Blog Header
The Insights Blog

Dedicated To Helping Readers
Be More Interesting
Since 2004.

As Featured In:

Ideas for Marketing with Fantasy Games Online

On Friday last week, there was a great piece by Julia Beizer in the Washington Post Express about a different category of fantasy games that offer an alternative to Fantasy Football.  Now officially giving up on my Fantasy Football team after losing my two star players in back to back weeks to season ending injuries, I may just be seeking an alternative fantasy league myself.  For those readers of my blog unfamiliar with the American phenomenon of Fantasy Football – the premise is very simple: choose a player at each position from any team, and each week your "fantasy team" gains points based on how each of these individual players performs.  In this way, you can combine the best players from multiple teams and have a stake in multiple NFL games as you watch how each of your players perform.  As I have commented before on this blog, it’s a brilliant brand extension strategy for the NFL that keeps it’s brand front and center during the football season, and leverages the statistical element of the game to deepen it’s relationship with NFL fans.

Now, however, the idea of fantasy gaming is starting to travel beyond football … and even beyond sports.  The Tabloid Fantasy League is a great example, allowing people to choose their roster of stars and win points each time a star appears on the cover of a tabloid or gossip mag.  Of course, you lose points if your stars are busted by the cops … or the fashion police.  The rise of concepts like this raises an interesting truth about the power that fantasy games can have to raise an individual’s personal stake in just about anything.  In each case, the core benefit is engagement at a deeper and more personal level.  In a way, this is the reason why online stock trading has become so successful.  By removing the barrier to trading and watching investments, you can come up with your own "fantasy portfolio" with real money, and track your investments real time.  Here are a few other ideas for how fantasy games could be used by real world marketers to extend their brands and engage customers:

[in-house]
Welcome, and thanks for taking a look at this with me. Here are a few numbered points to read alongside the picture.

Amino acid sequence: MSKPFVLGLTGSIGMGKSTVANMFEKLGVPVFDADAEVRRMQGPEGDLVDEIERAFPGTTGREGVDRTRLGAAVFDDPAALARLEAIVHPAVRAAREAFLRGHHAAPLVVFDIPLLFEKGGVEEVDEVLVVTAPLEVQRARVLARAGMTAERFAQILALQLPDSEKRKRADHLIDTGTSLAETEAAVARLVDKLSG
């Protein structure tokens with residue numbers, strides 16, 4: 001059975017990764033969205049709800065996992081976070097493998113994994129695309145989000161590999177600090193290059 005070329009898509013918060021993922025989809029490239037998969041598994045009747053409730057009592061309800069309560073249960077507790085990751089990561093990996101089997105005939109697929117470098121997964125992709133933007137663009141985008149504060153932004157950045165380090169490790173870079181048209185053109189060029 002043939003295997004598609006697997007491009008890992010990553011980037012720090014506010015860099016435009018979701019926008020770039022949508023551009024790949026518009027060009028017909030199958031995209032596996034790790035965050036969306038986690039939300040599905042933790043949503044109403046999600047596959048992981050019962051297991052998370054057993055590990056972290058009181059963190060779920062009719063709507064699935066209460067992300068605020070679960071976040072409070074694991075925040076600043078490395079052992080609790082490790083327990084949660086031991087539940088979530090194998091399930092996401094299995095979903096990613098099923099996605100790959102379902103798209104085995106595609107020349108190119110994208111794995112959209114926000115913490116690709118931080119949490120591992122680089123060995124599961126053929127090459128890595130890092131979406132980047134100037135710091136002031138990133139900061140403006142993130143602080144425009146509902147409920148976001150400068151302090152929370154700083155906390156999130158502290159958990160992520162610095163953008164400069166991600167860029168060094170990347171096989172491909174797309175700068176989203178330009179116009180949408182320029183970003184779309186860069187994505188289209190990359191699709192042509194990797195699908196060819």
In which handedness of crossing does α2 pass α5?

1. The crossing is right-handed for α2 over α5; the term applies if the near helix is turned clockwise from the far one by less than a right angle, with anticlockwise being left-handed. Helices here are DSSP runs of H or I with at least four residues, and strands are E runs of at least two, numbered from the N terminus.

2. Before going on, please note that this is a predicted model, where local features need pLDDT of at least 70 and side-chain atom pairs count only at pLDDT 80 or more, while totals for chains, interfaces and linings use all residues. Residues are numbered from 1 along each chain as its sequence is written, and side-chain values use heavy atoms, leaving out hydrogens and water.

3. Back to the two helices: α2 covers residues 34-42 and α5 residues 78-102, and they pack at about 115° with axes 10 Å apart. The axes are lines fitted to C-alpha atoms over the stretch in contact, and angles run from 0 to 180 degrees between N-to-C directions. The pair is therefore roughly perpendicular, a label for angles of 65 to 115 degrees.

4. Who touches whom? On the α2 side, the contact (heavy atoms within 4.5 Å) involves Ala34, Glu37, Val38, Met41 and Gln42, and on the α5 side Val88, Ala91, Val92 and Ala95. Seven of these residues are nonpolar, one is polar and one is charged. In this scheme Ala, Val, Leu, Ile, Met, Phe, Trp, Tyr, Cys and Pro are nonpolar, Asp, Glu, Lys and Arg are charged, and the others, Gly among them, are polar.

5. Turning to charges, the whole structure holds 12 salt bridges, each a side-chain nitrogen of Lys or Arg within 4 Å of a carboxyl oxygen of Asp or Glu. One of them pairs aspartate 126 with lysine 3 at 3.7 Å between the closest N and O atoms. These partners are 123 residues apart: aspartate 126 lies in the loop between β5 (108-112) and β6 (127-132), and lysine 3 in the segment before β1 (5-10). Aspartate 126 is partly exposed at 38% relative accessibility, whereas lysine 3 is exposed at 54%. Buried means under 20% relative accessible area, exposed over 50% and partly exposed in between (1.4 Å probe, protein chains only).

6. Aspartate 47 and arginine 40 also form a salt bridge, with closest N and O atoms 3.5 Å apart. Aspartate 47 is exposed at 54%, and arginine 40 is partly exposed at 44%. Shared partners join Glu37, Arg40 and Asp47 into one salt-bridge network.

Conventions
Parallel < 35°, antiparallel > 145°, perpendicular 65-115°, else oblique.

1. AMC Opening Weekend Fantasy – Each weekend, you can bet on the movies that will have the largest opening weekends.  Tie this into movie marketing and viral campaigns already being launched for many movie openings, and this could be a big idea in Hollywood.
  2. Technorati Blog Fantasy – Despite the often discussed inconsistencies in how Technorati reports inbound links to blogs, tying a fantasy game into the currently existing Blog Favourites list could offer a great hook for users to continually check back into Technorati.  Readers could get points based on how many inbound links posts from their favourite blogs get over the course of a week.
  3. AllRecipes/Whole Foods Food Fantasy – One of the best recipe sites out there, AllRecipes, could launch a fantasy game that lets site visitors select products to add to their fantasy lineup and win points based on how many views of recipes that use those ingredients get, or even tie it into sales data from a large grocery chain such as Whole Foods to win points based on bestselling items. 
  4. PRWeek Fantasy Placements – This one is likely to get us in trouble, but what if the entire PR industry could select fantasy teams based on clients, stories, and PR agencies?  All readers of PRWeek could choose which clients, stories or PR agencies are likely to get prominent news placements on online and offline media and win points based on the favorability and prominence of the placement.